First Nations philanthropy: Philanthropy Australia is delighted to see the recommendation for theestablishment of an independent philanthropic foundation controlled by – and for the benefit of – Aboriginal and Torres Strait Islander communities to enhance the arrangements linking philanthropic and volunteer networks, and funding to Aboriginal and Torres Strait Islander organisations. The PC states: “The Australian Government should provide funding toward an initial endowment, with additional contributions to the endowment provided by philanthropic funders. The endowment should be of sufficient size to ensure that the foundation is financially sustainable and independent.”

Super bequests: The PC makes an information request on the desirability of allowing people to make a bequest through superannuation, raising the potential for it to be a recommended reform in the final report.

Corporate donations:  The PC recommends listed companies be required to report donations money and assets to entities with deductible gift recipient status in their tax returns. The ATO would regularly publish aggregate information on corporate giving in Australia including, at a minimum, donations by company size, taxable status and industry.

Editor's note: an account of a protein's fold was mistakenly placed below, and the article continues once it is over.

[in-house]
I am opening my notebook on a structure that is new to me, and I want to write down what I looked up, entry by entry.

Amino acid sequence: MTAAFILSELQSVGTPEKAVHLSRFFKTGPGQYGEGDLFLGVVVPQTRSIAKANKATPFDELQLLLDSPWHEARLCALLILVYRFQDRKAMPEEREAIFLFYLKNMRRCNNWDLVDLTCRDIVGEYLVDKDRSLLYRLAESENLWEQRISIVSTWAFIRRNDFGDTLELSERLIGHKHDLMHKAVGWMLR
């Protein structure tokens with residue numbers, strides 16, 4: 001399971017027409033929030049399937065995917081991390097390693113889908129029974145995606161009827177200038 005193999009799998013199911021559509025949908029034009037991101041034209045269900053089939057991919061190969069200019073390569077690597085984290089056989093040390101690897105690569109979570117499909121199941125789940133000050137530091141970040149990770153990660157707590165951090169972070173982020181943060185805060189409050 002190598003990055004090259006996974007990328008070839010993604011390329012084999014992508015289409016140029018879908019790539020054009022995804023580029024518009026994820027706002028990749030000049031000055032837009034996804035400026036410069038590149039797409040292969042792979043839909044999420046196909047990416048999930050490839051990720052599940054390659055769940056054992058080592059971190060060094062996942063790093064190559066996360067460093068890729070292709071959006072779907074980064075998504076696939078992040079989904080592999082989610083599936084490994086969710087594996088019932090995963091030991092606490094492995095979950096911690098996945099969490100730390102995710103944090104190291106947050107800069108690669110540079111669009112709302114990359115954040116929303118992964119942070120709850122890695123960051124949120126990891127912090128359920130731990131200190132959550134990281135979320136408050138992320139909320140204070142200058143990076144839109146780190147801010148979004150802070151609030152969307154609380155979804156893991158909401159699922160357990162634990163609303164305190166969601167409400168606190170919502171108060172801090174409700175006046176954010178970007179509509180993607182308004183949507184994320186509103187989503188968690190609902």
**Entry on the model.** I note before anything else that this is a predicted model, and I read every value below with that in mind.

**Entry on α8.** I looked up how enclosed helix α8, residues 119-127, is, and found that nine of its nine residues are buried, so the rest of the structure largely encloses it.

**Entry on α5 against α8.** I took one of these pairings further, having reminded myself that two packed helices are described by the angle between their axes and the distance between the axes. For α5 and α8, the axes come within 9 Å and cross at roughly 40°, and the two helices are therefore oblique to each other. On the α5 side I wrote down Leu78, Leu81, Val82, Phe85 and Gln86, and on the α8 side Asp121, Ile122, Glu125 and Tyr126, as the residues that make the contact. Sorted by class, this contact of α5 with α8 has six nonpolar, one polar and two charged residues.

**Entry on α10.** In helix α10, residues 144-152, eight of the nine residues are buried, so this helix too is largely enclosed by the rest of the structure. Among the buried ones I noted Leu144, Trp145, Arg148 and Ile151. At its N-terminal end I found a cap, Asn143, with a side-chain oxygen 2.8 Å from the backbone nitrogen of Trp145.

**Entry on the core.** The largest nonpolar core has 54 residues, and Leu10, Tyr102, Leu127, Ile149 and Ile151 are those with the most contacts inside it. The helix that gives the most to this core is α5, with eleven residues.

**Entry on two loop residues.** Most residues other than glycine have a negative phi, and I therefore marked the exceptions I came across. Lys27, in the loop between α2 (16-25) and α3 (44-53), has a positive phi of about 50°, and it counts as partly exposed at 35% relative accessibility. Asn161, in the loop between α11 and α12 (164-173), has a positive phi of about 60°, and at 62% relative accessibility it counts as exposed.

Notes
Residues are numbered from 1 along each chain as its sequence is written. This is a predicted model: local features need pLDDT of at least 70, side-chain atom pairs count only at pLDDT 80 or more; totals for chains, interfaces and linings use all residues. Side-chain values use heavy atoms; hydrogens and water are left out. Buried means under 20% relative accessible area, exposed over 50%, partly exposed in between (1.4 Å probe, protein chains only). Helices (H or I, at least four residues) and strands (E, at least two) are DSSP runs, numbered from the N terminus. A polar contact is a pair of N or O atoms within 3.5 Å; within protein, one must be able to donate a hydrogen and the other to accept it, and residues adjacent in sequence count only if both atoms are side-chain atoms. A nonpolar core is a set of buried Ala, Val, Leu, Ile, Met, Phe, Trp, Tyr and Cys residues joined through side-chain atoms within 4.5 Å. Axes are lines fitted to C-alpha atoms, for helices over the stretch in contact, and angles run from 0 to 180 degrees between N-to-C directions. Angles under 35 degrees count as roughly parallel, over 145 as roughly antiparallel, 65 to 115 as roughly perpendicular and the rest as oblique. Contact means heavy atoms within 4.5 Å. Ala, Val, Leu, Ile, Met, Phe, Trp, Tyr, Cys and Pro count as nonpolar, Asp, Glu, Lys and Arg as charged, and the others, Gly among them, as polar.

Better information on bequests: The PC recommends the ACNC should require registered charities to separately report income from bequests in their annual information statement, and publicly report the aggregate data.

2. Structured giving vehicles

The PC notes the important role of PAFs and PuAFs in driving rising philanthropic giving. It recommends allowing smoothing of minimum distributions over 3 years.  The PC also asks for views on whether minimum distribution rates should be higher or lower. It recommends the ACNC and ATO work together to publish additional information on distributions by ancillary funds, including collecting and publishing additional information by sub-funds within public ancillary funds.

3. Areas that could be further investigated for consideration in the final report.